"Darn this bathrobe! I could never play with it on anyway!" -Stanley L. Davis Sr. (Grandpa Davis)
For years my family has had a family card game which is played at every single family get-together. I don't know where they learned the game, but it was passed on to my entire family by Stanley L. Davis, Sr. and Mabel Davis (Grandpa and Grandma Davis). Every single member on my dad's side of the family plays this game, and we play it by Grandma Davis rules. I don't know anyone outside of my family that plays it, but we've been playing it for as long as I can remember. Thus I can vouch for years of playtesting this version at family gatherings and hammering out obscure rules, for which Grandma Davis was always the ultimate authority!.
I have a friend, David Dailey, who is addicted to games of all kinds. One of his favorite things to do on the internet is discuss game rules, and at the newsgroup he hangs out in there would occasionally be requests for the rules to a game called "Shanghai". That's our family game, and he would always forward the messages on to me. After the second time I developed a text file description of the game as my family plays it, and I would send it along to anyone interested.
Now I get to put it on the world wide web!
A man in England has a page containing rules to every card game he can find. His name is John McLeod email@example.com and under Contract Rummy he has a version he calls "Shanghai Rummy". This is not simply the rules to the game my family plays, it is the rules as I have typed them here! John got my text file from either me or David and used them as the basis for his rules on Shanghai Rummy (so called to categorize it and distinguish it from at least one other Shanghai card game which is very different). John's a very nice guy, we've exchanged e-mail and he updated his rules a bit after I finally checked his page and noticed a couple of minor points. You can reach John's page on card games by clicking here.
Now, without further ado, the rules to Shanghai, "Grandma Davis Version":
Our game is played with two standard decks, including all four jokers. There are seven rounds. The object of the game is to assemble books (3 or more of the same card, as in 3 4's or 3 kings) and runs (4 or more cards of the same suit in a row, as in 2-3-4-5 of clubs or 9-10-Jack-Queen of hearts). Aces are always high, so in a run they come after the king, as in jack-queen-king-ace. They can't be placed next to a 2 card in a run. Jokers are wild, so you can place a joker in a book (2 aces and a joker) or a run (jack-joker-king-ace of hearts). You can't place two jokers in a single run or a single book. Each round has a different combination of books and runs, and they follow a simple progression (seems simple to me... I've never had a problem following it, but many of my relatives need to write it down or they get confused). The rounds:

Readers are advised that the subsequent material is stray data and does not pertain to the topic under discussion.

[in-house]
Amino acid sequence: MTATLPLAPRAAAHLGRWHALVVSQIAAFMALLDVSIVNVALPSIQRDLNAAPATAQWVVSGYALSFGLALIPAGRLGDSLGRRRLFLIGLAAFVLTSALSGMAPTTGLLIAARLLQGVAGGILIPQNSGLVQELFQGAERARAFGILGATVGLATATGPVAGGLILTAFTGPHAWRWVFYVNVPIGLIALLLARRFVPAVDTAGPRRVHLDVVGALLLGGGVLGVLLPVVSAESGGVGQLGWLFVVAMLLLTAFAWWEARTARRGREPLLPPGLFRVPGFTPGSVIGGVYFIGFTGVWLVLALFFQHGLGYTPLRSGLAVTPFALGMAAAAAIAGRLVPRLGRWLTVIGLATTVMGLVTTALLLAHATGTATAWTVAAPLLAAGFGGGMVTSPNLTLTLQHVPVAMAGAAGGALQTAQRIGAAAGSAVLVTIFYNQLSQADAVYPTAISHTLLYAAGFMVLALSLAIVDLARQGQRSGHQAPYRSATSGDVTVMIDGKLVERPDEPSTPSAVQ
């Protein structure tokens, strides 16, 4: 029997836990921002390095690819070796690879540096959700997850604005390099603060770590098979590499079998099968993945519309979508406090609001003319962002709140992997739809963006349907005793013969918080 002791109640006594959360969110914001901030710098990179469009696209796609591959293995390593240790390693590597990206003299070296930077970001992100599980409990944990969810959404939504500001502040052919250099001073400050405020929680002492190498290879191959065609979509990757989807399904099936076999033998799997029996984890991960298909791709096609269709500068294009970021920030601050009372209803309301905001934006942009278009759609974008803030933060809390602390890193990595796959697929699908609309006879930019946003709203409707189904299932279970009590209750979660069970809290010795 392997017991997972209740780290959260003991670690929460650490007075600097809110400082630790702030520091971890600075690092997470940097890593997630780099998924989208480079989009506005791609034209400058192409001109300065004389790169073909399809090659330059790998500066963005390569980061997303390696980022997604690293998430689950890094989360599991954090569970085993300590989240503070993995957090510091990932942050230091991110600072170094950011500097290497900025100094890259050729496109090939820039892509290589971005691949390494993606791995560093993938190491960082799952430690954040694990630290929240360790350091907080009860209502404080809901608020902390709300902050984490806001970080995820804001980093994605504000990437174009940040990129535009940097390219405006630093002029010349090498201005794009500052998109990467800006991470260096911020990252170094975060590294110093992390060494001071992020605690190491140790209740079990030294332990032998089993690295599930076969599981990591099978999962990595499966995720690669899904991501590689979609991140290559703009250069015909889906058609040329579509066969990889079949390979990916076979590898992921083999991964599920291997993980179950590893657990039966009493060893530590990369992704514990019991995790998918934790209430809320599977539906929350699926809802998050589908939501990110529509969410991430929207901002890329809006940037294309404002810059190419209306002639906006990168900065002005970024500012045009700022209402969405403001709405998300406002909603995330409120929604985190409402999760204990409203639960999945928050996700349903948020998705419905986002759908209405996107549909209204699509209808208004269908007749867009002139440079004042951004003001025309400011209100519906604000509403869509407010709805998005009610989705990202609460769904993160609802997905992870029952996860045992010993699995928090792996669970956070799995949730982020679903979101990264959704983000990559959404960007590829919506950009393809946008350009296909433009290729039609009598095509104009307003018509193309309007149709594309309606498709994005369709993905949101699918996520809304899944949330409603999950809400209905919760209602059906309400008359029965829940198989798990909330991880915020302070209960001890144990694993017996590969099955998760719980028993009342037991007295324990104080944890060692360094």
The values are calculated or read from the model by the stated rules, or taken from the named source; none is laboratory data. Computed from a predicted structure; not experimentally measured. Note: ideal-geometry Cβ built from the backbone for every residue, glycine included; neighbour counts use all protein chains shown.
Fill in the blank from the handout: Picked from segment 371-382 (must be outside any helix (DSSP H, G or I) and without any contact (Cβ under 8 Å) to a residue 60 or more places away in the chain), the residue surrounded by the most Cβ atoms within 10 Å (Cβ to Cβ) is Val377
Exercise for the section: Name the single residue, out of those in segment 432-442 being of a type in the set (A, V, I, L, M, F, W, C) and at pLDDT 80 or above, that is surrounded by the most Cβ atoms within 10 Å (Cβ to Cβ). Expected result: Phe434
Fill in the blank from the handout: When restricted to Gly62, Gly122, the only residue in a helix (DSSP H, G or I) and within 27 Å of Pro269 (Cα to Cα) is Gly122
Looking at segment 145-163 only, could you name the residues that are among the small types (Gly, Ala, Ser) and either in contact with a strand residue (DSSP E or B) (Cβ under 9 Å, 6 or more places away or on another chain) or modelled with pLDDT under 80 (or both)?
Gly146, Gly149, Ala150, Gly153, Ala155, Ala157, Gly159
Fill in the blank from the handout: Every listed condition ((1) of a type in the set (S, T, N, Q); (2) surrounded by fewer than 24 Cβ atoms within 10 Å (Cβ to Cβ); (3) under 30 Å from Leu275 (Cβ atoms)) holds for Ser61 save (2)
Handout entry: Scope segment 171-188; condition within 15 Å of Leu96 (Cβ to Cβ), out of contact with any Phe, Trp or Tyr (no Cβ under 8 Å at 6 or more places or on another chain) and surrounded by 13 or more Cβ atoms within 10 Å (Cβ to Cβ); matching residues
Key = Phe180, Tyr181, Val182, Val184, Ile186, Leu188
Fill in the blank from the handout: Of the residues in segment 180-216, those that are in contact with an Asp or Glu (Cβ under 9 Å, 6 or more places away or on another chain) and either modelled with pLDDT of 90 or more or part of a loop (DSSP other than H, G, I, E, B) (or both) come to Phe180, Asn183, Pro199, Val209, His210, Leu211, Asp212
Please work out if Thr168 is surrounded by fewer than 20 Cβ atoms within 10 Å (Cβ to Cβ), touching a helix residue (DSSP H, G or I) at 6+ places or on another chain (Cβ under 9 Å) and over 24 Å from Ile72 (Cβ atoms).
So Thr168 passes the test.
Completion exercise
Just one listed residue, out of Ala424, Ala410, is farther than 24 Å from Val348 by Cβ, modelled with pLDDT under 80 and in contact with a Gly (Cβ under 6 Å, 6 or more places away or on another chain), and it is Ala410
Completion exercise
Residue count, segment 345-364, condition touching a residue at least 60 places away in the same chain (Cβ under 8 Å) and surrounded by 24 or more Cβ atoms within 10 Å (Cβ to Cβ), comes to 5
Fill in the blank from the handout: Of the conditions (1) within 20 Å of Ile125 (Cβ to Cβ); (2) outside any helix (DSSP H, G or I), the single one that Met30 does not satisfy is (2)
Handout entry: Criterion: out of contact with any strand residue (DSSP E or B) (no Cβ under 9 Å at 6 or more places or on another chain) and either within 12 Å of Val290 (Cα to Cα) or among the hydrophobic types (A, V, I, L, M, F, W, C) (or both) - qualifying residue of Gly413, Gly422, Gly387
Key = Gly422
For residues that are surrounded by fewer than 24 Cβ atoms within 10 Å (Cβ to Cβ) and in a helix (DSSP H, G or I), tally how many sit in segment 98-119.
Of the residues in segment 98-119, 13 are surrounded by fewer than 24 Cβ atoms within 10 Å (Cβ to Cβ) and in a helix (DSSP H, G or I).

Round 1: two books
Round 2: one book, one run
Round 3: two runs
Round 4: three books
Round 5: two books, one run
Round 6: one book, two runs
Round 7: three runs, no discard allowed
Cards are shuffled and 11 cards are dealt to each person. The rest of the cards are placed in the center of the table, and the top one is turned over to form the first card of the "discard" pile. The discard pile is always face up so everyone can see what card has just been discarded. When your turn comes, you draw from the top of the deck, or you may take the top card from the discard pile. If all cards are drawn before the conclusion of a round, then the discard pile is turned over to form the "draw from" pile.
The object is to assemble the required books or runs for that round and then lay them down in front of you. So, in the first round, if you have three aces and two kings, and on your turn you draw a king, you may lay down these two books before you discard. If you have four or five aces in hand, you lay them all down to form one book.
You may not lay down two books of the same card. If you have six aces, you do not have two books, but one book of six cards. Sorry! Likewise, if you have one large run of eight cards, you can not simply break it in half and form two runs. You can not lay down 2-3-4-5 of spades and 6-7-8-9 of spades. However, you CAN lay down 2-3-4-5 of spades and 5-6-7-8 of spades, or 2-3-4-5 of spades and 7-8-9-10 of spades. As long as the two runs are not consecutive, they form seperate runs.
Once you are "down" you may also play cards on any other books or runs others have laid down. If the person across from you has laid down a book of 3's, and you have two threes in your hand, you may place your threes on their book. Once you are down you may not lay down other runs or books. In the first round you lay down only two books, and if you happen to have another in hand, too bad. You can hope someone else lays down a book of that card for you to play them on.
Jokers may be played on any book or run which does not already have a joker in it, assuming you are already down. A run extends from 2 through King to Ace; no car may be placed below a two or above an ace. A run of 2-3- 4-5-6-7-8-9-10-Jack-Queen-King-Ace may no longer be played on.
If you are already down, and can play no other cards, then you discard. Play continues until someone gets rid of all the cards in their hand.